We spoke to Kim about her extensive involvement with various Art Department initiatives here at DGC Ontario, including reshaping the Art Department training program and Apprentice Program and sitting on DGC Ontario’s Diversity and Inclusion Committee.
What drew you to a film and television career in the Art Department?
I went to film school and have that background, but I truly think that my love for fandom culture drew me into the Art Department. I was a very nerdy kid that loved watching behind-the-scenes featurettes and collecting “Making of” art books. I even taught myself Photoshop and Illustrator so I could make fan art, props and cosplay replicas. Through a nerdy film fandom event, I met a couple of industry professionals who ultimately showed me that I could actually have a viable career in the Art Department as a Graphic Designer.
You’re very involved with “paying it forward” when it comes to various Art Department initiatives here at DGC Ontario. Along with Art Director (and Art Dept Caucus Rep!) Khanh Quach, you recently helped reformat the Art Department Fundamentals training program and joined the Apprentice Program interview panel. How did you get involved with these initiatives, and what do you hope for the future of the Art Department?
Khanh and I have had many conversations about the Guild Apprentice Program (GAP) and all the things we wished we knew when we were trainees. We shared many of the same ideas for improving the program, so he brought me on board to help implement them. We want to set new trainees up for success by creating a course that goes through the art department workflow from pre-production to wrap, and explains exactly how they would play a part in that process. I still remember how daunting it was to be new to the union film world with no training or time to adjust, so I want to help ease some of that anxiety for future Art Department trainees.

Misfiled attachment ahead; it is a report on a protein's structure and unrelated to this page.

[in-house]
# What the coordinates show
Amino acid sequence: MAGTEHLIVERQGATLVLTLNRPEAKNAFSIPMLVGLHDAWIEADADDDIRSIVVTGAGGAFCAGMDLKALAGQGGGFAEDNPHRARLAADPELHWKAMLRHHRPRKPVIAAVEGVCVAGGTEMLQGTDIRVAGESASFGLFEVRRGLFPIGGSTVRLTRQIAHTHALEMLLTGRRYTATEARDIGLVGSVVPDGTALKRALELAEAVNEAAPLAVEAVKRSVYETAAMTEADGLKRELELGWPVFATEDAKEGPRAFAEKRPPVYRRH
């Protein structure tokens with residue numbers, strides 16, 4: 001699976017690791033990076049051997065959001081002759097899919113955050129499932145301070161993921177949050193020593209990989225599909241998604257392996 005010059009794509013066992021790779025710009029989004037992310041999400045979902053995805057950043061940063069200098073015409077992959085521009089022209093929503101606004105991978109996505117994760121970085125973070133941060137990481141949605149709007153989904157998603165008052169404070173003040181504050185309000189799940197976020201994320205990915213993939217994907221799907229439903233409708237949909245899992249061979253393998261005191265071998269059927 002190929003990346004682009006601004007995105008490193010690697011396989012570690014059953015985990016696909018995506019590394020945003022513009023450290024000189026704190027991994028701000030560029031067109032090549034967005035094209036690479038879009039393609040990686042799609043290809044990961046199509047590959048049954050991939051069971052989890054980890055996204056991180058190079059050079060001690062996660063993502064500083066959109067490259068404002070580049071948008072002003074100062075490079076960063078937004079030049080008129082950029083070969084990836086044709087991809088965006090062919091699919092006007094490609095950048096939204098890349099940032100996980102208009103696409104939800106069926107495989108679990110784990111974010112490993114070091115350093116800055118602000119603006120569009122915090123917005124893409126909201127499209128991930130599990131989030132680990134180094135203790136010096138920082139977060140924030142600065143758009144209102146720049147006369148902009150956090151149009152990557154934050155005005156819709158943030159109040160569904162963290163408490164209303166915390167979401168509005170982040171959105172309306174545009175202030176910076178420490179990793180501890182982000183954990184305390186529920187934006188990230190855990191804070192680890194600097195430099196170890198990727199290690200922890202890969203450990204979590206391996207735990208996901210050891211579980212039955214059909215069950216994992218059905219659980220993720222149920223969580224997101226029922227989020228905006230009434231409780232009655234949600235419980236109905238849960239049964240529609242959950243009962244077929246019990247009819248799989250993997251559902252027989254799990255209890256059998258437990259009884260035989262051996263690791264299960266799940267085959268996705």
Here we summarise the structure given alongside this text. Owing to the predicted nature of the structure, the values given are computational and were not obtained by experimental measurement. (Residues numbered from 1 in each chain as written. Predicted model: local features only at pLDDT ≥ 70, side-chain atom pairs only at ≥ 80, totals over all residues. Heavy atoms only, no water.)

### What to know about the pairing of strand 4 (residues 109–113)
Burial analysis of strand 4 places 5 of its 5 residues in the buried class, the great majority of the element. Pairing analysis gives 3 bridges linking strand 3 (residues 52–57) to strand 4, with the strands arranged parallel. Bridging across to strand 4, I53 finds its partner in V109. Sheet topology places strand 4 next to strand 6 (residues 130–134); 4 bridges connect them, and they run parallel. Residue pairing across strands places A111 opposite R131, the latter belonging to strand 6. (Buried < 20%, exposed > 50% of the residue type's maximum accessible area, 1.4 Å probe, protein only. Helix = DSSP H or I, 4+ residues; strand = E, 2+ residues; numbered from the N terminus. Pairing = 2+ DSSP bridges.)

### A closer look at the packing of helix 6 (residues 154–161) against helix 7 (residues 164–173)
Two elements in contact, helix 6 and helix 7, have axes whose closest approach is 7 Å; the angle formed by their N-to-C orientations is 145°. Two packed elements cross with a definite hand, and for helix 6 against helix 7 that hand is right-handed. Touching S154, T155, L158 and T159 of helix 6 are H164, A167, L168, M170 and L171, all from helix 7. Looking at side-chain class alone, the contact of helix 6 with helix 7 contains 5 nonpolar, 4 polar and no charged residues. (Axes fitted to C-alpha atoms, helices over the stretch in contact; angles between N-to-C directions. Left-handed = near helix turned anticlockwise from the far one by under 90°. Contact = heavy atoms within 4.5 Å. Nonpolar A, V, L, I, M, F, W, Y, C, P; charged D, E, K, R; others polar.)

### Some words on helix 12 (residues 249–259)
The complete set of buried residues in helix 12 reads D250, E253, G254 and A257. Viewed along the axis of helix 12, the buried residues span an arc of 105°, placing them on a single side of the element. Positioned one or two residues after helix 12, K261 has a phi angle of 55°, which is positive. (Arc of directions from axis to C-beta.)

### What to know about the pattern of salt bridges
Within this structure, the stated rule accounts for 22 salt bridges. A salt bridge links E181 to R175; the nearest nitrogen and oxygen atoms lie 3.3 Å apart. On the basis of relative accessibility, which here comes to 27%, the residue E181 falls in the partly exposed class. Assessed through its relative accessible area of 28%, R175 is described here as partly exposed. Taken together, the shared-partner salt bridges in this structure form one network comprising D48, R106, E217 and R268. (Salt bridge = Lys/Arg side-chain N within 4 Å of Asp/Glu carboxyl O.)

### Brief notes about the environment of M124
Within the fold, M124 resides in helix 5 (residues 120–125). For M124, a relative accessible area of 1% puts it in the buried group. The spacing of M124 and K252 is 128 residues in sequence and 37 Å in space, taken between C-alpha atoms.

You’re one of the Art Caucus Representatives on DGC Ontario’s Diversity and Inclusion Committee. Tell us what it means to you to be involved in this committee and why you feel it’s essential to be on the ground level when it comes to issues of diversity in film and television?
It has been refreshing and inspiring to be part of a committee mostly comprised of BIPOC/LGBTQ2S+ folks after years of working in production offices with very little diversity. I have learned so much from their wisdom and experiences. I believe it is important to have these diversity initiatives led by those with marginalized voices rather than having others speak for us. I still struggle to find my own voice due to years of internalized conditioning based on my identity, and I don’t want future filmmakers to ever feel like they can’t speak up for themselves.
You and Khanh also recently led an Introduction to the Art Department workshop for members of the ArtWorksTO program (part of the xoTO Screen Industry Pathways Initiative, which invites creative youth who face barriers to education and employment to pursue film industry-related careers). Tell us about this session and why you became involved in the initiative.
We had such a great time meeting some talented young artists and bringing the ‘Art Department Fundamentals’ training to ArtworksTO! It is such a wonderful program that allows marginalized young creatives to explore a viable career in the arts. I wish we had more programs like this when I was starting out! It would have meant a lot to have mentors that looked like me and shared my experience. Having that kind of representation is so validating, and I really hope that Khanh and I were able to provide some inspiration for them.
Imagine it’s 2031. What does your career look like?
I love my job, and I hope that in 10 years I will still be working on some really awesome and unique productions! I also hope to continue working with more outreach programs for marginalized young artists. It would be incredible to see more diversity in our industry, both on-screen and behind the scenes.